Active Control of Large Telescopes: Active Optics

  • André Preumont
Part of the Solid Mechanics and Its Applications book series (SMIA, volume 246)


This chapter deals with the control of the primary mirror of large telescopes in order to compensate the deformation due to manufacturing errors, the thermal gradients, and the changing gravity loads. The case of a monolithic mirror is considered first, followed by that of segmented mirrors (all telescopes with a primary mirror larger than 8 m will be segmented). The control strategy is based on a quasi-static model between the actuator inputs and the sensor outputs (Jacobian); the feedback loop uses a singular value decomposition (SVD) controller shaped in the frequency domain. Next, the dynamic response of the telescope is considered and its possible interaction with the SVD controller is analyzed. A stability robustness test is used to evaluate the stability margin and derive guidelines on the control bandwidth, natural frequency, and structural damping of the telescope structure to avoid spillover instability. The final section discusses some important scaling rules for telescopes of increasing size. The chapter concludes with a reference list.


Active optics E-ELT Segmented mirror Edge sensor Co-phasing SVD controller Loop shaping Spillover Control-structure interaction 


  1. 1.
    Agarwal BD, Broutman LJ (1990) Analysis and performance of fiber composites, 2nd edn. Wiley, New YorkGoogle Scholar
  2. 2.
    Angeli GZ, Cho MK, Whorton MS (2002) Active optics and architecture for a giant segmented mirror telescope. In: Angeli, Gilmozzi (eds) Future giant telescopes. SPIE 4840, Paper No. 4840–22, pp 129–139Google Scholar
  3. 3.
    Aubrun JN, Lorell KR, Mast TS, Nelson JE (1987) Dynamic analysis of the actively controlled segmented mirror of the W.M. Keck ten-meter telescope. IEEE Control Syst Mag 7(6):3–10CrossRefGoogle Scholar
  4. 4.
    Aubrun JN, Lorell KR, Havas TW, Henninger WC (1988) Performance analysis of the segment alignment control system for the ten-meter telescope. Automatica 24(4):437–453CrossRefzbMATHGoogle Scholar
  5. 5.
    Bastaits R (2010) Extremely large segmented mirrors: dynamics, control and scale effects. Ph.D. thesis, Université Libre de Bruxelles, Active Structures LaboratoryGoogle Scholar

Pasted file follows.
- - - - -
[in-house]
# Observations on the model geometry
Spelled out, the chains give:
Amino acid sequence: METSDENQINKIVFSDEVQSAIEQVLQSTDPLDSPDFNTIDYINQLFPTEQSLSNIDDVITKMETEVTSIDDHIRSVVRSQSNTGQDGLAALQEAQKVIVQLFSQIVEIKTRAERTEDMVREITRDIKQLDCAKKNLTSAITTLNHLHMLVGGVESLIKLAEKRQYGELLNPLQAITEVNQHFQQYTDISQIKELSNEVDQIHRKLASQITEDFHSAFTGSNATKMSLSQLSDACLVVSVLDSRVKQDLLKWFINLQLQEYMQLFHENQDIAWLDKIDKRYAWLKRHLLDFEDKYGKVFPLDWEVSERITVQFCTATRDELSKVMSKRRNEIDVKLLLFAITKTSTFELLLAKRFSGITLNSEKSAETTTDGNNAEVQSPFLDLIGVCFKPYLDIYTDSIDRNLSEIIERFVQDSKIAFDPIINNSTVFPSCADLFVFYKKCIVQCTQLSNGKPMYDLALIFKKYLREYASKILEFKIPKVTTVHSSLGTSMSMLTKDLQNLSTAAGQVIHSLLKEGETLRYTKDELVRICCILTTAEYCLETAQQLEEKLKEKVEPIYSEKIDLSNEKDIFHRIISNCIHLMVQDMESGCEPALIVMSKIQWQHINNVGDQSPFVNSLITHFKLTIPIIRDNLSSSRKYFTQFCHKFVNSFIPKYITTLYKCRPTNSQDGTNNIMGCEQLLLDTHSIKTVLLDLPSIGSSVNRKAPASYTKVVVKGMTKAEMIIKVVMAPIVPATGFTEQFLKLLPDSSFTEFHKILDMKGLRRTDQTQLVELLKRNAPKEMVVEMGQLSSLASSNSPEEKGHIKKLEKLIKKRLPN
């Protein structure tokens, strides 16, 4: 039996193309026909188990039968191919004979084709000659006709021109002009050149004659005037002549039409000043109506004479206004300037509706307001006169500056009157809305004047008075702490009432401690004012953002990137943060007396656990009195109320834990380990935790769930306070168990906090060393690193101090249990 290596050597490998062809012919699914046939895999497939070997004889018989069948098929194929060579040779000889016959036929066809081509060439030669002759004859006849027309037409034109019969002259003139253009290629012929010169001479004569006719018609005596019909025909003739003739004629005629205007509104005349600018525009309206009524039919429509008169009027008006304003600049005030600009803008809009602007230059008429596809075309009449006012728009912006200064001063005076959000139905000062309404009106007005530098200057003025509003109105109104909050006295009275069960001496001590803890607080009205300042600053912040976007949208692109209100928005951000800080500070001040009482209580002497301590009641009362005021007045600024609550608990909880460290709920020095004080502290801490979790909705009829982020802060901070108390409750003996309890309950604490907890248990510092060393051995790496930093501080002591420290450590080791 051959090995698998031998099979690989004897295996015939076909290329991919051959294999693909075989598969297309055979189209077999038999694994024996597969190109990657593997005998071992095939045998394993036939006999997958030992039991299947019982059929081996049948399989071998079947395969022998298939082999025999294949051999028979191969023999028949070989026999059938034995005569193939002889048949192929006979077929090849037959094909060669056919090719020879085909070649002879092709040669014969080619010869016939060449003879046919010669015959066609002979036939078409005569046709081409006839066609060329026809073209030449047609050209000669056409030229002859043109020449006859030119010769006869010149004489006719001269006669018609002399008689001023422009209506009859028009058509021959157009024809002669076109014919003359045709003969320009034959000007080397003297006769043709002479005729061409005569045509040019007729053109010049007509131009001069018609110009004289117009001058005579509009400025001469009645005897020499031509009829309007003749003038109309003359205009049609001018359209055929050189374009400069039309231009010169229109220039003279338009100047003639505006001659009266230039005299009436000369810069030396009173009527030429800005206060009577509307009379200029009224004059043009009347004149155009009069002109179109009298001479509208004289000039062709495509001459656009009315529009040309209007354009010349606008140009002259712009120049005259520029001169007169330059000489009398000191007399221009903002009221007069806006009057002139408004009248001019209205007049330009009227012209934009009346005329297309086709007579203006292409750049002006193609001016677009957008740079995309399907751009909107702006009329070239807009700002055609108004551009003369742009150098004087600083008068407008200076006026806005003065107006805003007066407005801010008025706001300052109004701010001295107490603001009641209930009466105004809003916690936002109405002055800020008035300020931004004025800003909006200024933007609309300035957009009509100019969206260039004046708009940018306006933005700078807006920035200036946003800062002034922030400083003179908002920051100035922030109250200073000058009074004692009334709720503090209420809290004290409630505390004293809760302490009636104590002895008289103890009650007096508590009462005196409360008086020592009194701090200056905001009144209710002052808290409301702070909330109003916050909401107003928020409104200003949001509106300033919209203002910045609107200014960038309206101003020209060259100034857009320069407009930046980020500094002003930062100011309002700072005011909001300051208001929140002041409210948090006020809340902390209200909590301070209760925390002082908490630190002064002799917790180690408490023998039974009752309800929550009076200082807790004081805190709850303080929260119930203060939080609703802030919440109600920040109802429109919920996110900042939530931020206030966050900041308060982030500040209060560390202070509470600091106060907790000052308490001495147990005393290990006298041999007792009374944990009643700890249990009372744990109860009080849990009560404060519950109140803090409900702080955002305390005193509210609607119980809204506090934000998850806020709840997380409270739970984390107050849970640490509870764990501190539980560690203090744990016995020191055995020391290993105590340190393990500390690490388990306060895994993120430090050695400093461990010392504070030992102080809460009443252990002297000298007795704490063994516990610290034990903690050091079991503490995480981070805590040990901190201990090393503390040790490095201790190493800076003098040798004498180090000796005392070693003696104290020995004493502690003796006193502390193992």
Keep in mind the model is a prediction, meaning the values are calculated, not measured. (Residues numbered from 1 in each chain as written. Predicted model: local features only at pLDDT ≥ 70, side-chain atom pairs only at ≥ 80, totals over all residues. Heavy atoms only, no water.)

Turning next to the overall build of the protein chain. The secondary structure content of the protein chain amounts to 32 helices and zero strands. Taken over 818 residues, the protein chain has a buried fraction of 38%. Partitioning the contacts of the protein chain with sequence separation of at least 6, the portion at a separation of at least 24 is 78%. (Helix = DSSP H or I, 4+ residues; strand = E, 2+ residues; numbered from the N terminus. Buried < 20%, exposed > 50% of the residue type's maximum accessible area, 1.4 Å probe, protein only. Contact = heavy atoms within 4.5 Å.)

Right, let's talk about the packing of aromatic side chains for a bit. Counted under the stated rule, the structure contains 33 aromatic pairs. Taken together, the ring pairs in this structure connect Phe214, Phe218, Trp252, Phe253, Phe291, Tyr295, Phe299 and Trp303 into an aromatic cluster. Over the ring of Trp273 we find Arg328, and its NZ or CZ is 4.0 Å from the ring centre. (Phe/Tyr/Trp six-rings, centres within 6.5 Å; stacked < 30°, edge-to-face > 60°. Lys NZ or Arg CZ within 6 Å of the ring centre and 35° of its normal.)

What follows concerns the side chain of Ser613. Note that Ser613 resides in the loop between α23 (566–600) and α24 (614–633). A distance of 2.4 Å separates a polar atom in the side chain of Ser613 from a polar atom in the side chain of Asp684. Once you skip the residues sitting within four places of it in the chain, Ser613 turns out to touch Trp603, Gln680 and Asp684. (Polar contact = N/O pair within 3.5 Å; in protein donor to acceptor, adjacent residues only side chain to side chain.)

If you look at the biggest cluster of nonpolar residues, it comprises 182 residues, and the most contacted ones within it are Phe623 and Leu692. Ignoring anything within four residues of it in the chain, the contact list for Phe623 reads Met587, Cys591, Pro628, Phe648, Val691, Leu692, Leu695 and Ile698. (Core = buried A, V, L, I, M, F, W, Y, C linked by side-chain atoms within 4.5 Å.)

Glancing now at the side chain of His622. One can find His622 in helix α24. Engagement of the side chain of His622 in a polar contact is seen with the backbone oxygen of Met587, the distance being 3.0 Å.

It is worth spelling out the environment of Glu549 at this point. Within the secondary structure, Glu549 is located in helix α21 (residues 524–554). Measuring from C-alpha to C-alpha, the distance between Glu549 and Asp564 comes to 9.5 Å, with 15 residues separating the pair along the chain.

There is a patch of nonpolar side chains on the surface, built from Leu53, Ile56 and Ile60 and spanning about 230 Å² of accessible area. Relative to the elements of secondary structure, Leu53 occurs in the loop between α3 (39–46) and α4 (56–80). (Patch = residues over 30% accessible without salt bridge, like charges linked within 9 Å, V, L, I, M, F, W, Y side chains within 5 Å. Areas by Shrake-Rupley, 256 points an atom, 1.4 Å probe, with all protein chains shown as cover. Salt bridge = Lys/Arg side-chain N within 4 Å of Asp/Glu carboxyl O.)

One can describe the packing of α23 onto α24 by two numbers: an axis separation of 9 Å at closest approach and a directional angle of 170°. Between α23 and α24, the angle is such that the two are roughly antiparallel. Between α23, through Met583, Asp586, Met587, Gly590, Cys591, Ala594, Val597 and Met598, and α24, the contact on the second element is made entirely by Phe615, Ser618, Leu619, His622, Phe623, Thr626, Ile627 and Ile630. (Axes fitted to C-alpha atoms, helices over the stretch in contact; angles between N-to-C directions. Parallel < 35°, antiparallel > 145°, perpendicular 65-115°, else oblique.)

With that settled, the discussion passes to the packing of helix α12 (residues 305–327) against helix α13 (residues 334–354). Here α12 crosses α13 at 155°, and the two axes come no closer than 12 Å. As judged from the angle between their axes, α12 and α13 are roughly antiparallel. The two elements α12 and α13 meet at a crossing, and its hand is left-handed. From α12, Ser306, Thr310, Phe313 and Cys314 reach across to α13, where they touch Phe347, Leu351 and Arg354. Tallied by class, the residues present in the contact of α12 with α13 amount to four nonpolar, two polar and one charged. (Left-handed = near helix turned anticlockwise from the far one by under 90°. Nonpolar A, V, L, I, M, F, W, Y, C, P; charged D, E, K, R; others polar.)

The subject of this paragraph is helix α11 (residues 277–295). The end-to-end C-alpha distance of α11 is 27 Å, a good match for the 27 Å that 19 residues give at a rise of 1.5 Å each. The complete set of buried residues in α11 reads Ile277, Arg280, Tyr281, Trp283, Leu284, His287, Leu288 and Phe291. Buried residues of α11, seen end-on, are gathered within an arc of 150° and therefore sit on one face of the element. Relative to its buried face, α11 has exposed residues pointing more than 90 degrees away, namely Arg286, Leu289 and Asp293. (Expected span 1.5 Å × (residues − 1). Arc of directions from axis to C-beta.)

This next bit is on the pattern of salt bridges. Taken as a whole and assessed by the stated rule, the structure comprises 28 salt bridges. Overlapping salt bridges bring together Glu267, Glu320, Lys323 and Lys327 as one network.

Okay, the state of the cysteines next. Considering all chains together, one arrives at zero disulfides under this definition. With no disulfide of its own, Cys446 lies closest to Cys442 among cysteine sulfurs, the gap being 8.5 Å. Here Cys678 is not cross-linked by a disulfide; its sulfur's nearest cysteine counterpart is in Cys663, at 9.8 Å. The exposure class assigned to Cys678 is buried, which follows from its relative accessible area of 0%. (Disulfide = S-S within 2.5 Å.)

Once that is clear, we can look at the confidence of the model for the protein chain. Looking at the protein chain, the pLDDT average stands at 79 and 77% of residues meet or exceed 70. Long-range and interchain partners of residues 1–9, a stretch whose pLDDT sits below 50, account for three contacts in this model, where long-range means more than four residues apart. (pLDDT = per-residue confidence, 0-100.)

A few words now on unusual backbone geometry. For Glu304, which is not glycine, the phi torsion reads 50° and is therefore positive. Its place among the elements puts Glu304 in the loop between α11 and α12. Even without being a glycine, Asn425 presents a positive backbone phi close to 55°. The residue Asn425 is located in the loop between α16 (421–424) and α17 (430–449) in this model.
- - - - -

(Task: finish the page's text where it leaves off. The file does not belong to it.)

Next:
6. 6.
    Bastaits R, Rodrigues G, Mokrani B, Preumont A (2009) Active optics of large segmented mirrors: dynamics and control. AIAA J Guid Control Dyn 32(6):1795–1803CrossRefGoogle Scholar
  7. 7.
    Bely PY (2003) The design and construction of large optical telescopes. Springer, BerlinGoogle Scholar
  8. 8.
    Blevins RD (1979) Formulas for natural frequencies and mode shapes, Van Nostrand ReinholdGoogle Scholar
  9. 9.
    Dimmler M, Erm T, Bauvir B, Sedghi B, Bonnet H, Müller M, Wallander A (2008) E-ELT primary mirror control system. SPIE, Ground-based and airborne telescopes II, p 7012Google Scholar
  10. 10.
    Gilmozzi R, Spyromilio J (2008) The 42 m European ELT: status. In: Stepp LM (ed) Ground-based and airborne telescopes II, SPIE 7012Google Scholar
  11. 11.
    Lake MS, Peterson LD, Levine MB (2002) Rationale for defining structural requirements for large space telescopes. AIAA J Spacecr Rocket 39(5):674–681CrossRefGoogle Scholar
  12. 12.
    Lake MS, Peterson LD, Mikulas MM (2006) Space structures on the back of an envelope: John Hedgepeth’s design approach. AIAA J Spacecr Rocket 43(6):1174–1183CrossRefGoogle Scholar
  13. 13.
    Nelson J, Sanders G (2008) The status of the thirty meter telescope project. In: Stepp LM (ed) Ground-based and airborne telescopes II SPIE 7012Google Scholar
  14. 14.
    Noethe L (2002) Active optics in modern, large optical telescopes. Prog Opt 43:1–70CrossRefGoogle Scholar
  15. 15.
    Preumont A, Bastaits R, Rodrigues G (2009) Scale effects in active optics of large segmented mirrors. Mechatronics 19(8):1286–1293CrossRefGoogle Scholar
  16. 16.
    Wilson RN, Franza F, Noethe L (1987) Active optics 1. A system for optimizing the optical quality and reducing the costs of large telescopes. J Modern Opt 34(4):485–509Google Scholar

Copyright information

© Springer International Publishing AG 2018

Authors and Affiliations

  1. 1.Active Structures LaboratoryUniversité Libre de BruxellesBrusselsBelgium

Personalised recommendations